The Annual Poinsettia Debate


It’s January and there is snow on the ground (at long last!) here in wintry Wisconsin.

Which makes it plant season . . . for me, at least.

One, there is the debate to which I have alluded in this post’s title. Do I keep my poinsettia plants, trim off the red, stick ’em in a dark closet, and hope for a reprise come next year? Usually the answer is ‘yes’ followed by about 6-8 weeks of moving them around the kitchen to get them out of my way and then, eventually, giving up on them as leaves drop off and they start to look scraggly. (Perspective: My two plants this year together cost less than $5 – a.k.a. they’re little and not meant to really last. Case in point, I had purchased a trio in late November and that third one didn’t even last the week.)
I have settled for watering them and now have run away from this question to write this blog post.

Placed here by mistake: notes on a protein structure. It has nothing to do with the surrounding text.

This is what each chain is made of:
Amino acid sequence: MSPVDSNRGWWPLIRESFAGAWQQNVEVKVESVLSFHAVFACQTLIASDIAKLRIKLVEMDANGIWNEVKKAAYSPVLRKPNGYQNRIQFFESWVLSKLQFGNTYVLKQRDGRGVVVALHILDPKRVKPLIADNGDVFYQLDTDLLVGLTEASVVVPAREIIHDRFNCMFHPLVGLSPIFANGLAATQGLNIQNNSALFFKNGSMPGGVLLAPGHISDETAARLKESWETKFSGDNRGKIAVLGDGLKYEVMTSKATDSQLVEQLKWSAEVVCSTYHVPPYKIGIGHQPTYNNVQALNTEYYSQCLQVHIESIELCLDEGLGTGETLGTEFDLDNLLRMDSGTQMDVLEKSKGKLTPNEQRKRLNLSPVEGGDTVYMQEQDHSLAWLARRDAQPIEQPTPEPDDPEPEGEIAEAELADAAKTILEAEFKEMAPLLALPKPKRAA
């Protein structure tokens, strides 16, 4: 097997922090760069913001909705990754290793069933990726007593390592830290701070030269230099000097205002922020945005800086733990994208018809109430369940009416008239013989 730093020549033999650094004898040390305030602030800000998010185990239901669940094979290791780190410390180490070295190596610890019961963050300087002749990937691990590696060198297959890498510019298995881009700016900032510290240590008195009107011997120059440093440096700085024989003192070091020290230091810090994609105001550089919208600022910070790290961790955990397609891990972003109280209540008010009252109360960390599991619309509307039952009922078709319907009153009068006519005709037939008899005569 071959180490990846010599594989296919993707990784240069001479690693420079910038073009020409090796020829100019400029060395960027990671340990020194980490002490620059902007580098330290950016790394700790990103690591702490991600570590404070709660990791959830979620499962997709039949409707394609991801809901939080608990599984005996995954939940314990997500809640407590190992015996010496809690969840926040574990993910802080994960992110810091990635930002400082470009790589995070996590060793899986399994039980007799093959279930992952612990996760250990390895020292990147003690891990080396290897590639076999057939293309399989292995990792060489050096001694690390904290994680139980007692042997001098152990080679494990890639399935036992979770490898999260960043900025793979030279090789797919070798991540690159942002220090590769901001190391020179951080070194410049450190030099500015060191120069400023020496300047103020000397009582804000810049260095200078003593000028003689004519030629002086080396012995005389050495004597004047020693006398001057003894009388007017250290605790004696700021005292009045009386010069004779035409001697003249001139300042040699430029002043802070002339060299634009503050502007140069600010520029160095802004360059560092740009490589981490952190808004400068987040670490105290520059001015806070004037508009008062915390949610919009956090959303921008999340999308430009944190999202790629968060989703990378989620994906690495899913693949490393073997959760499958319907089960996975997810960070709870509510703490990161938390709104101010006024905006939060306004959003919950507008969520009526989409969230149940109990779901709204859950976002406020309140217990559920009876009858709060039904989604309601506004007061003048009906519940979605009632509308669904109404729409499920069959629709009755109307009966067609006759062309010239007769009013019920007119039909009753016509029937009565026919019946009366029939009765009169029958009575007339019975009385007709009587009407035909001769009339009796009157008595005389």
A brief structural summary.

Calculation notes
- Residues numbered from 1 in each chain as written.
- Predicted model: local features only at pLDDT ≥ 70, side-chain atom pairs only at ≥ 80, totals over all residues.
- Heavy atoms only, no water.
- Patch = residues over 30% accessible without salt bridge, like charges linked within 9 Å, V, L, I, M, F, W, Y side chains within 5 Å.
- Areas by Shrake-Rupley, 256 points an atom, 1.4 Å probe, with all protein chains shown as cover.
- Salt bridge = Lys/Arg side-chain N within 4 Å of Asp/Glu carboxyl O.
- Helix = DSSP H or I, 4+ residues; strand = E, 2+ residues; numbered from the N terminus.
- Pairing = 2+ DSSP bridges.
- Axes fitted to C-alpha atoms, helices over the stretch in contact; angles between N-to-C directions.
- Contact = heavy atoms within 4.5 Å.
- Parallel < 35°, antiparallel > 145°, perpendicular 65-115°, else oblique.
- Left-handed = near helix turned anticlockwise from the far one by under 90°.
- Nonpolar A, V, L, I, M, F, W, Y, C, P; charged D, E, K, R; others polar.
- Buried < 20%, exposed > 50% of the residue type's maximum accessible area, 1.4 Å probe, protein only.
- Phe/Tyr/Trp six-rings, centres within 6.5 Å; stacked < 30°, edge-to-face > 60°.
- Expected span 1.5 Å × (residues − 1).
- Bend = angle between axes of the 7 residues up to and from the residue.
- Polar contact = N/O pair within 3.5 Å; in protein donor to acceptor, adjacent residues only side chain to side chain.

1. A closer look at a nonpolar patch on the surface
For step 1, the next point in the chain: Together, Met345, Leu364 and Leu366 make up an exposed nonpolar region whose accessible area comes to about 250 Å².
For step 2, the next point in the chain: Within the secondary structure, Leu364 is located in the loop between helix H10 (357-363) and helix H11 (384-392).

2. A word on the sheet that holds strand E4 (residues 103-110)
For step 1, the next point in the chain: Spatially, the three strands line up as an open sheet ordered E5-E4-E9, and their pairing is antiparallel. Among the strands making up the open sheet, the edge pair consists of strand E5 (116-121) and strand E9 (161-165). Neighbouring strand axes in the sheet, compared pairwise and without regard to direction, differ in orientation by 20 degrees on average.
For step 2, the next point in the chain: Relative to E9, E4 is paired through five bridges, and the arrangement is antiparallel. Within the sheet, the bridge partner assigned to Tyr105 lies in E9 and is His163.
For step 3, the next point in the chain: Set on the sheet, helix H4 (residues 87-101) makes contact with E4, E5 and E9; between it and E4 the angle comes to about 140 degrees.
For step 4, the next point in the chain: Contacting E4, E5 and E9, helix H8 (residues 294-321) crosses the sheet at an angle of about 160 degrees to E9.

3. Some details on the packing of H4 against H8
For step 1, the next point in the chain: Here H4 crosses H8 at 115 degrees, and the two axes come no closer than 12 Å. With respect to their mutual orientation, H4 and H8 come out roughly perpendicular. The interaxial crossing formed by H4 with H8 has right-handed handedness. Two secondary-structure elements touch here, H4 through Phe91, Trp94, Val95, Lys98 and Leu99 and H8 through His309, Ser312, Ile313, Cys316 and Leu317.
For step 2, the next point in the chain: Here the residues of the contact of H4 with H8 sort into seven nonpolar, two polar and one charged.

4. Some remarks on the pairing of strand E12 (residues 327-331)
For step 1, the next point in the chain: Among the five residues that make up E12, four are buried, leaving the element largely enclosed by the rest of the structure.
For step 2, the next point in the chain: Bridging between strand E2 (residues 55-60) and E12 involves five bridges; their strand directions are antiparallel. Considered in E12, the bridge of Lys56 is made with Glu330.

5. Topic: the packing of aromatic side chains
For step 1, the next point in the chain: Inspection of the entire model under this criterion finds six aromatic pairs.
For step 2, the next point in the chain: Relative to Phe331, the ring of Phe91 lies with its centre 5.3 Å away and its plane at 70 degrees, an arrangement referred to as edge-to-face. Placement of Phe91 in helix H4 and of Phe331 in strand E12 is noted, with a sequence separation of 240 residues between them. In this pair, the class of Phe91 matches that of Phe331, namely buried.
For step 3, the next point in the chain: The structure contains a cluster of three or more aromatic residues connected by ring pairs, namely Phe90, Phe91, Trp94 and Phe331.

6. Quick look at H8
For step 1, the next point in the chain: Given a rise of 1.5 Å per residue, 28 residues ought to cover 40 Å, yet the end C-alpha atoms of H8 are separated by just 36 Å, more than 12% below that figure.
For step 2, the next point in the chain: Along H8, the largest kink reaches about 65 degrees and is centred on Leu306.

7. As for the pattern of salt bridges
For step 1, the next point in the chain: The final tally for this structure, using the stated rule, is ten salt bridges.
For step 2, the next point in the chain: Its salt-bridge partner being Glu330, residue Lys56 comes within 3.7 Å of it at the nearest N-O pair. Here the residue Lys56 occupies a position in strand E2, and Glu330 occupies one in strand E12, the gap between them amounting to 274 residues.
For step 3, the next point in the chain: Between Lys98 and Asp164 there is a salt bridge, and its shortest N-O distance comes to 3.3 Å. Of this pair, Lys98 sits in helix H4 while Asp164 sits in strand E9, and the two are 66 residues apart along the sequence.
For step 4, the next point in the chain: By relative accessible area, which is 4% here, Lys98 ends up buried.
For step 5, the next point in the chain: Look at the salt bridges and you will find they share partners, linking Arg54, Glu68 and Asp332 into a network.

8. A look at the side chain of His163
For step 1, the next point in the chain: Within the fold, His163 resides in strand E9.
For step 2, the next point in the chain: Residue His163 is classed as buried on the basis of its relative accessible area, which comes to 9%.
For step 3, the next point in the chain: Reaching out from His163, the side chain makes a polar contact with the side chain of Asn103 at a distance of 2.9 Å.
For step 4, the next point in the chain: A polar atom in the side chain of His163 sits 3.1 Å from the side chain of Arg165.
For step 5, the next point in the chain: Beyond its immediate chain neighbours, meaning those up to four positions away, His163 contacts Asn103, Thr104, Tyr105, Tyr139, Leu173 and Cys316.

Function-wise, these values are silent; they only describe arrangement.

Two, one of my favorite smells in all the world is that moist green-growing odor of soil and flora. And in the frozen world of a Wisconsin winter, during my undergraduate years I used to seek haven within the University Greenhouses at UW-Madison.

I’ve a number of sketch books that were moisture ruined in the D. C. Smith Greenhouse due to carelessness upon my part (read: not readying myself to leave quickly in the event that the watering system came on). But that, too, was part of the charm. My favorite time to go was when it reached -5°F or below outside. Then the glass of windows and ceiling would frost over, rendering the tropical haven into something of a private wonderland. I often was not the only student to come and spend upwards of half an hour just breathing in the vitality of the place.

(Pictured above- two pencil sketches, circa 2004, from the D. C. Smith Greenhouse.)

My other campus haven was the Botany Greenhouse which, while infinitely closer to my dorm and classes (we’re talking a 1-2 minute walk which, on that campus is quite a thing), had significantly more limited hours of accessibility.

Nowadays I am greenhouse-less. My world is one of coffee shops and biking paths, frozen-over creeks and libraries. A great world, yes. But lacking in that deeply concentrated misty wetness which seems to lend Life to they who breathe it in. I find that I miss it.

And so I guess I’ll keep my little struggling poinsettia plants a little longer this year. Again.

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